Hit video games help revive lagging industry in Vancouver
If there’s been one overarching theme in Vancouver’s video-game industry during the past couple of years, it’s been layoffs. As recently as the spring, Radical Entertainment and Slant Six Games shrank in size, adding to the stress of a sector that has suffered numerous job cuts and studio closures since the fall of 2008.
But that may be about to change. In the remainder of 2010 and early 2011, Vancouver developers are set to release some of the year’s biggest, and best, games. While these upcoming titles—from Blue Castle’s Dead Rising 2 to Rockstar Vancouver’s Max Payne 3, expected to land in 2011—were in production during the slump, the fact that they weren’t cancelled indicates that the local industry is rebounding strongly.
As always, EA Canada, the Burnaby studio of video-game giant Electronic Arts, is working on the latest iterations of EA Sports’ signature franchises. FIFA Soccer 11, NBA Elite 11, and NHL 11 will be released in September and October. EA Canada is also preparing the exercise game EA Sports Active 2 for a November 16 debut, and is crafting its next boxing game, Fight Night Champion, set for release in 2011.
But EA has shifted its business priorities to meet new market realities. Recent video-game sales figures indicate that a smaller number of titles are accounting for the lion’s share of revenues. That’s why, according to Pauline Moller, the Burnaby-based senior vice president and chief operating officer of EA Sports, the company has chosen to reduce the number of games it publishes, focusing instead on “fewer, bigger hits”. The industry has become a “hit-driven business”, Moller told the Georgia Straight by phone.
Also busy during the slowdown was Relic Entertainment, a THQ-owned studio in downtown Vancouver. In March, it released Dawn of War II: Chaos Rising, a game in the Warhammer 40000 franchise. In early 2011, two more titles in that series—Dawn of War II: Retribution and Space Marine—will ship. In September, the studio’s free massively multiplayer on-line game, Company of Heroes Online, will launch in North America.
General manager Jonathan Dowdes-well said by phone that Relic is the only THQ-owned developer that makes real-time strategy games, which is one reason his studio has been able to weather the storm of the past two years. He called Space Marine “the big, risky next move for us”, but reasoned that Relic’s portfolio makes it a “smarter play” to develop the game.
Not all studios have had the same amount of support. Independent developer Slant Six Games is rumoured to have had a project cancelled by a publishing partner.
Ken Rosman, Radical’s new studio head, noted that the developer’s February layoffs were a result of parent company Activision’s efforts to streamline its internal development into single-team studios. Previously, Radical had been working on two or three games at a time. The shift, Rosman said by phone, is part of an effort to “make better games”. Radical is working on a new project, but no details have been announced yet.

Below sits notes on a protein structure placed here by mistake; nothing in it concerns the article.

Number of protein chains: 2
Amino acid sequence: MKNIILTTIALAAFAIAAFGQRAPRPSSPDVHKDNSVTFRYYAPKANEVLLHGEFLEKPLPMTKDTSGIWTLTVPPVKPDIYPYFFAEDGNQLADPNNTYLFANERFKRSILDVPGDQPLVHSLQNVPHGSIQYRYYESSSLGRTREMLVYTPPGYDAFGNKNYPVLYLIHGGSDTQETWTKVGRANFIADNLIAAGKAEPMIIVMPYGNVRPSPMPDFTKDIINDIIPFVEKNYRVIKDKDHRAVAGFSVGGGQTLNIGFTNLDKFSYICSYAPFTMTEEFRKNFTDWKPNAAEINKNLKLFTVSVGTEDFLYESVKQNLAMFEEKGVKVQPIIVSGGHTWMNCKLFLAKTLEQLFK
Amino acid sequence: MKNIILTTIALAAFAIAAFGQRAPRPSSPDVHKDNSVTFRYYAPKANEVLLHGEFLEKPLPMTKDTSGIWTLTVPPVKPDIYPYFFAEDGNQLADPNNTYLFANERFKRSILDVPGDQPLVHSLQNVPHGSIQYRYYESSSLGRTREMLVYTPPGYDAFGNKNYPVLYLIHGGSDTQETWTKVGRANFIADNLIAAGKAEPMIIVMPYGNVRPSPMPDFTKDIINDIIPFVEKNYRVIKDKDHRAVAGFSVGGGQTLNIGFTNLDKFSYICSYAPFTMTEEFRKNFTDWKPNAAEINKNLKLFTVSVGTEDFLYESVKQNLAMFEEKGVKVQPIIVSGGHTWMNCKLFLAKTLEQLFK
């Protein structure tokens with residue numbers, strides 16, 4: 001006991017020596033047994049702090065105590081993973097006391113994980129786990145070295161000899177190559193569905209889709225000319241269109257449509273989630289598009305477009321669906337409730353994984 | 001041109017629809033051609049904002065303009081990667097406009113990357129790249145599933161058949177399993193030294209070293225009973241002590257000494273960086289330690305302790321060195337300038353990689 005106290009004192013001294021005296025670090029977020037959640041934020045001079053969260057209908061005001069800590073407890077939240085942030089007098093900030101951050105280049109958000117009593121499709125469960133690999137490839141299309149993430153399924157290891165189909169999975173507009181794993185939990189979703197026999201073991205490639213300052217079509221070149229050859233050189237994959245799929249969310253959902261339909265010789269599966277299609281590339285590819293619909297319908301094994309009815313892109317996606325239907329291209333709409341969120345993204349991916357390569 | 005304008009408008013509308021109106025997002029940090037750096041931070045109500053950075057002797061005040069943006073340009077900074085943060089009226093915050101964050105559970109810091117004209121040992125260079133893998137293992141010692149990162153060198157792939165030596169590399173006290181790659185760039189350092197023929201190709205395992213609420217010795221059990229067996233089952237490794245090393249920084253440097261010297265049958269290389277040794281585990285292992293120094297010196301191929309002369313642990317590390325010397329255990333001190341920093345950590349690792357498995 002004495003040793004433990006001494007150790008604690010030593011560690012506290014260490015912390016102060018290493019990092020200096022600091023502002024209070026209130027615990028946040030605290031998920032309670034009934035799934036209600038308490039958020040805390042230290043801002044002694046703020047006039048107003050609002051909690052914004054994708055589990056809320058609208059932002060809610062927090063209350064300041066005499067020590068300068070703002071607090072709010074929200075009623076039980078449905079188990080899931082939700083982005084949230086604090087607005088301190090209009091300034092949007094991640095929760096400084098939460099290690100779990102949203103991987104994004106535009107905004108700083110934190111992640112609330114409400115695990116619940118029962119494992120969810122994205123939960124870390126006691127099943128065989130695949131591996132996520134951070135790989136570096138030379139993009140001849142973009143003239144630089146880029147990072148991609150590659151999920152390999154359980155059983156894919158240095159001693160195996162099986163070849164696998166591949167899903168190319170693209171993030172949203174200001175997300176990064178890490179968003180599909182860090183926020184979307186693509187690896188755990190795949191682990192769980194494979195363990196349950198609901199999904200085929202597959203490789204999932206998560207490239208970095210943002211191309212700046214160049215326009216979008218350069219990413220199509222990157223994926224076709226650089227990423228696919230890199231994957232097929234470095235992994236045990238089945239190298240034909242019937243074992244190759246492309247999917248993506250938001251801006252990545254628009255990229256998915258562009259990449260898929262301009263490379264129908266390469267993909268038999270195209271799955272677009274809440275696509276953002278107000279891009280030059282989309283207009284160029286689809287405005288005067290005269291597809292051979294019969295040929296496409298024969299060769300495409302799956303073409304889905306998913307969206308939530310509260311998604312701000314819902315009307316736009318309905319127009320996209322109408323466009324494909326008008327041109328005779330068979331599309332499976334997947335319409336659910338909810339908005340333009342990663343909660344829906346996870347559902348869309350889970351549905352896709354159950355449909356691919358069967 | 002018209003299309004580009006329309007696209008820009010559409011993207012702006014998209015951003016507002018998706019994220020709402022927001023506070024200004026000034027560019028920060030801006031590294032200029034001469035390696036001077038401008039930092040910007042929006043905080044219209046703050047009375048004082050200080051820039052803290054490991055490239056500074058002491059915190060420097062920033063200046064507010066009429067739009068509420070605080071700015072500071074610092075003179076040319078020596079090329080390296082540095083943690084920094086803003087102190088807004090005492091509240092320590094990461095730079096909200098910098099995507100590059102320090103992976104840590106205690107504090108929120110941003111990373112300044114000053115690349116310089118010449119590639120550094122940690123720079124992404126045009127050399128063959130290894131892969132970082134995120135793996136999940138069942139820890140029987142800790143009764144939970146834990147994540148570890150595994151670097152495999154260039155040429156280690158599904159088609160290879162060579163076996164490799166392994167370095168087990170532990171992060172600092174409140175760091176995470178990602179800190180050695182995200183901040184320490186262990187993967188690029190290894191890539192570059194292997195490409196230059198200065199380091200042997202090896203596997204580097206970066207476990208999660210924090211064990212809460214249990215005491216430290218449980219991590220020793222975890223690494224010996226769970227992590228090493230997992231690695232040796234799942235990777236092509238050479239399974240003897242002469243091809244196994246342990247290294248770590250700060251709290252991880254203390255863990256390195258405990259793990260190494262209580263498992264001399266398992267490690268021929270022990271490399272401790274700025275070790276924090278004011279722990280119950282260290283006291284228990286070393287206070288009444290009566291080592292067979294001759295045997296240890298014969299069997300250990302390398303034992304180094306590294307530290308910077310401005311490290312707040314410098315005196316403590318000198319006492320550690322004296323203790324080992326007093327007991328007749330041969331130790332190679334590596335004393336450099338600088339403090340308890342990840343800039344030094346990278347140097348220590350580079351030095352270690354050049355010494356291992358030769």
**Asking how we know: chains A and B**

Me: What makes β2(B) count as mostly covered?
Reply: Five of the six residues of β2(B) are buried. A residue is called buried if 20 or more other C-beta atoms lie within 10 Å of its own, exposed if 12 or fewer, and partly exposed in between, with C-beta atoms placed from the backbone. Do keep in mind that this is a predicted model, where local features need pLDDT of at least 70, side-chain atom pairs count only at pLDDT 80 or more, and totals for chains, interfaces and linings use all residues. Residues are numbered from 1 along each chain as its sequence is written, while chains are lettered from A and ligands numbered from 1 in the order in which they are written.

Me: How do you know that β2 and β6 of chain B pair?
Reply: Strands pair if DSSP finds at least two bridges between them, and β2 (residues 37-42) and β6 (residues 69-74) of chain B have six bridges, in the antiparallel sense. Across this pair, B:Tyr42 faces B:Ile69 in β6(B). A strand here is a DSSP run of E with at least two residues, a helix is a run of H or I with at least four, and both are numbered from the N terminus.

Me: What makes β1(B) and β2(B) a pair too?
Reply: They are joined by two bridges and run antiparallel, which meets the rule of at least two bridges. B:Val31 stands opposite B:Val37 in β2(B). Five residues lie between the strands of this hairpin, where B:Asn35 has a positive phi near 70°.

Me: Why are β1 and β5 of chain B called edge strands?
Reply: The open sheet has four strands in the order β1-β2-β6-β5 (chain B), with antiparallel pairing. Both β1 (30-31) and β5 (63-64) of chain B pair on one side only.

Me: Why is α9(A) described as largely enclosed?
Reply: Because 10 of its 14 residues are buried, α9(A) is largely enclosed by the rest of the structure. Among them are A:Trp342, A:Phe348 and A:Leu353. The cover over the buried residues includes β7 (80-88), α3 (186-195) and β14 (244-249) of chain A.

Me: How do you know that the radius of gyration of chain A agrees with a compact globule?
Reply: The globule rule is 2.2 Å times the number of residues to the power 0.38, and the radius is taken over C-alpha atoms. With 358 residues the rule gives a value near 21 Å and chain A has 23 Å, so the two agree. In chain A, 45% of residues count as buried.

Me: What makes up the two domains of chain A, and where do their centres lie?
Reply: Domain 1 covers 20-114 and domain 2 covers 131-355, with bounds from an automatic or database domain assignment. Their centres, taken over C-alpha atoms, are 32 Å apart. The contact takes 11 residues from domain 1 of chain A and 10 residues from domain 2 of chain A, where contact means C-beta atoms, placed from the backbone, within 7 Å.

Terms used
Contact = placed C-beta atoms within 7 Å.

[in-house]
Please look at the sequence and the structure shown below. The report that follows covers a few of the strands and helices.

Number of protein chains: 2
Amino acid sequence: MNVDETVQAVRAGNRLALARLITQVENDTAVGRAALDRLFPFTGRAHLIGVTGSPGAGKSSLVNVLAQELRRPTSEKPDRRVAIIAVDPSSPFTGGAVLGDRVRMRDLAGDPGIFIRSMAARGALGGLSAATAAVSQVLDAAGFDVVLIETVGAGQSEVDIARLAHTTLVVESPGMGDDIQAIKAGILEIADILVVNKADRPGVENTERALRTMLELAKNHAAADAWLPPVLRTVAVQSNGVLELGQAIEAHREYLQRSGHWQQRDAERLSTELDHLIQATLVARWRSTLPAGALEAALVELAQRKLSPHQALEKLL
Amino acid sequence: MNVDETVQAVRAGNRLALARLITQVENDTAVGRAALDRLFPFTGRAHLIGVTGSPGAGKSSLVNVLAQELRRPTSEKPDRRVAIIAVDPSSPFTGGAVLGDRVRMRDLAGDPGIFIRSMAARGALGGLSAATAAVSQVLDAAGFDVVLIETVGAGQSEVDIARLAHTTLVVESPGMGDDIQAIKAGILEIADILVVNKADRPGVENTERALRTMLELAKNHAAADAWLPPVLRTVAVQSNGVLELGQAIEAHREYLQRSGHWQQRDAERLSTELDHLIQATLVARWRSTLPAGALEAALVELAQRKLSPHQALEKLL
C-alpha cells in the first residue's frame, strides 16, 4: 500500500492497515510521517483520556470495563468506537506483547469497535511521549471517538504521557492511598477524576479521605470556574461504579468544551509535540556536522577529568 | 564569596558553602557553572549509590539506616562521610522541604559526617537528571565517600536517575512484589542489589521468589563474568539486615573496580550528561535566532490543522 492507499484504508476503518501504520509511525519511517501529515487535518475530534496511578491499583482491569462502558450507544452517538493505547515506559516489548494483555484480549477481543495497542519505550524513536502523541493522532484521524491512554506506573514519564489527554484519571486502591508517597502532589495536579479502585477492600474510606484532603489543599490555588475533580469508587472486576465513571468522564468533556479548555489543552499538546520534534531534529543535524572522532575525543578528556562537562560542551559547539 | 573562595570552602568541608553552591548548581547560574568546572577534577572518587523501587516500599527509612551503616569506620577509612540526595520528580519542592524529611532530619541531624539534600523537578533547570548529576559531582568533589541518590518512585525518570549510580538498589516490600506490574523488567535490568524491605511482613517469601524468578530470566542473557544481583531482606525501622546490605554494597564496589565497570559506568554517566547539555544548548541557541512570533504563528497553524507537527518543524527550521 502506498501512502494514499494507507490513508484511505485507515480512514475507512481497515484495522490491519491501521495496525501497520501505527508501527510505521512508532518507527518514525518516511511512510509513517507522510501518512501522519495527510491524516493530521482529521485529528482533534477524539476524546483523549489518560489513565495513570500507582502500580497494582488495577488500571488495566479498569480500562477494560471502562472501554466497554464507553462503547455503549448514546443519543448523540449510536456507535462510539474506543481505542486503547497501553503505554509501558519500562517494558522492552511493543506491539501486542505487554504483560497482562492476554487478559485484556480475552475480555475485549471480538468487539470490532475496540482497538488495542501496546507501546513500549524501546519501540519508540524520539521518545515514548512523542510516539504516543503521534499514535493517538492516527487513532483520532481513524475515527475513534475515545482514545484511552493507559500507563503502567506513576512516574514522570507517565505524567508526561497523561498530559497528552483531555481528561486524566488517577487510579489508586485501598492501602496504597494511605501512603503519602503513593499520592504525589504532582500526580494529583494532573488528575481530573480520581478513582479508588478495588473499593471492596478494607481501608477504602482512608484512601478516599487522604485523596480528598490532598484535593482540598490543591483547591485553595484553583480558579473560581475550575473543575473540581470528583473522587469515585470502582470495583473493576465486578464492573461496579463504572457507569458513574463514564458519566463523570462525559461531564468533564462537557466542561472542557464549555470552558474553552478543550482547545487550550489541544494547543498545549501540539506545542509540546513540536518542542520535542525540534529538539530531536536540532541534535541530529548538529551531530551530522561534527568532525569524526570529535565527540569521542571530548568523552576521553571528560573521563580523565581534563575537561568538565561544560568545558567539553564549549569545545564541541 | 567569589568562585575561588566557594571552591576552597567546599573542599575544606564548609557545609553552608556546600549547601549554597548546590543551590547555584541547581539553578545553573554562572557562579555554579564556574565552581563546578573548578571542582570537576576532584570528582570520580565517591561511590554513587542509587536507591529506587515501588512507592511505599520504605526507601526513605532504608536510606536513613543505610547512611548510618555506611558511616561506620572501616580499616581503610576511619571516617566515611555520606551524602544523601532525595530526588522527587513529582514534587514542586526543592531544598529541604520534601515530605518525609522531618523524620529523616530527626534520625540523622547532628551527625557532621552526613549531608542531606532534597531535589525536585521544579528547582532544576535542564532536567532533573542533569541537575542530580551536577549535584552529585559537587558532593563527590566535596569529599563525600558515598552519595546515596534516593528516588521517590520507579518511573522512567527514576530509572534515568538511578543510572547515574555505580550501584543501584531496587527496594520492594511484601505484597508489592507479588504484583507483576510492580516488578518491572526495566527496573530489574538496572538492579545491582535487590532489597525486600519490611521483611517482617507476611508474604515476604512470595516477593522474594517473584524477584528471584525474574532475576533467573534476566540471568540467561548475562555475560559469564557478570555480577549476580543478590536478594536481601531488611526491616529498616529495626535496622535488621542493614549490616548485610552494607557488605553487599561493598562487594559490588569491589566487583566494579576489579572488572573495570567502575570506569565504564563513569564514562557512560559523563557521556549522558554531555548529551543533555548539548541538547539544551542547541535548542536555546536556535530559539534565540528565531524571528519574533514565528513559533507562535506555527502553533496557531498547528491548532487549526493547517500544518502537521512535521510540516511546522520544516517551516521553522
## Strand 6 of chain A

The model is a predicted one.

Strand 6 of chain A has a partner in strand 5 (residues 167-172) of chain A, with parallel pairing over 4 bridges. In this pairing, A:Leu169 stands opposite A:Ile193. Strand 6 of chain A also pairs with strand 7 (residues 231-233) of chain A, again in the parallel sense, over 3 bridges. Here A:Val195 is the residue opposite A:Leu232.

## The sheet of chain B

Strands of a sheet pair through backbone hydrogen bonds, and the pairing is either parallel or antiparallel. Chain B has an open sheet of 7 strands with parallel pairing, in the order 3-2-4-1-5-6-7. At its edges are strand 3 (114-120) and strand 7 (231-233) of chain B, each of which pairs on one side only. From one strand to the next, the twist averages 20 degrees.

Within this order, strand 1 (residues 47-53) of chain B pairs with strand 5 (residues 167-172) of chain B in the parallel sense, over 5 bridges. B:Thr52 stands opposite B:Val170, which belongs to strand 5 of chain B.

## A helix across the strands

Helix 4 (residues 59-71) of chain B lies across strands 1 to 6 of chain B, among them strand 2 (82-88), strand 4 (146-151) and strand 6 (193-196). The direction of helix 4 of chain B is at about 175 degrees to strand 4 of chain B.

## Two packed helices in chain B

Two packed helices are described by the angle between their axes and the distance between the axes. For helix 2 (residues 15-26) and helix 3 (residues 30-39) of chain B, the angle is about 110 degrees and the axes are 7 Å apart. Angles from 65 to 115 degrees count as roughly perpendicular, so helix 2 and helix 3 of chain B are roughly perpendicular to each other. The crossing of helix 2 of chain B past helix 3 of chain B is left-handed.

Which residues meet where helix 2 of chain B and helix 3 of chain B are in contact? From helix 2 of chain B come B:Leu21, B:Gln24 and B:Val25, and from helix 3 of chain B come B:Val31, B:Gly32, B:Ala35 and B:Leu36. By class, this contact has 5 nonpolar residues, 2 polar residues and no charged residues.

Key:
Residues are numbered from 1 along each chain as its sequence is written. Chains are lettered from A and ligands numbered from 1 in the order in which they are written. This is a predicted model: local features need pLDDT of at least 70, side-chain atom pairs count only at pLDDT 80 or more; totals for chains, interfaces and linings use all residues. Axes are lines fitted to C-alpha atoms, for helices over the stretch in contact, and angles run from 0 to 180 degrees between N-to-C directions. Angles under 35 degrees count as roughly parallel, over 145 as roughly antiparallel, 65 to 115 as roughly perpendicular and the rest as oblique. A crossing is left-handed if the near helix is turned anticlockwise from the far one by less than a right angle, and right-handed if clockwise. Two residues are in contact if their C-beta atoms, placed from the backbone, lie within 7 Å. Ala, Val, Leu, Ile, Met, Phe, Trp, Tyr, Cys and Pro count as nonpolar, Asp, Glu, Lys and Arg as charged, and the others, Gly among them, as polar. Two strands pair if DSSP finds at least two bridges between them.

“Games are expensive, and consumers can’t afford to buy as many games anymore,” Rosman said, citing research conducted by Activision. But the publisher is “certainly a believer in the Lower Mainland as a viable development space”, he noted.
Activision is also working with Yaletown’s United Front Games on True Crime: Hong Kong for release early next year.
The Walt Disney Company is committed to B.C., according to Dan Tudge, vice president of Disney Interactive Studios and general manager of Vancouver’s Propaganda Games. Disney also owns Kelowna-based Club Penguin, a virtual world for kids, and in April launched the Pixar Canada animation studio in Gastown.
On the phone from his office, Tudge said that Propaganda has grown significantly in the past year because the studio has been working on games for two of Disney’s flagship properties. Tron: Evolution, featuring a story that bridges the 1982 and 2010 films, will be released in November, and Pirates of the Caribbean: Armada of the Damned, a role-playing game based on the first three films but possessing its own story line, will appear in early 2011.
According to Wil Mozell, general manager of BigPark, Microsoft is also bullish on Vancouver’s game-development prospects. BigPark, which is set to put out Kinect Joy Ride on November 4, became a division of Microsoft Game Studios in 2009. In an interview at BigPark’s downtown studio, Mozell said the city’s style is “all about showing results”.
“We want our results to be the thing that defines our purpose,” he said.
In addition to acquiring BigPark, Microsoft has enlisted Hanno Lemke, one of BigPark’s founders, to set up a second office to work on a new project. In a phone interview, Lemke said that Microsoft has been impressed with the products that have come out of Vancouver and is “committed to the talent that’s in the city”.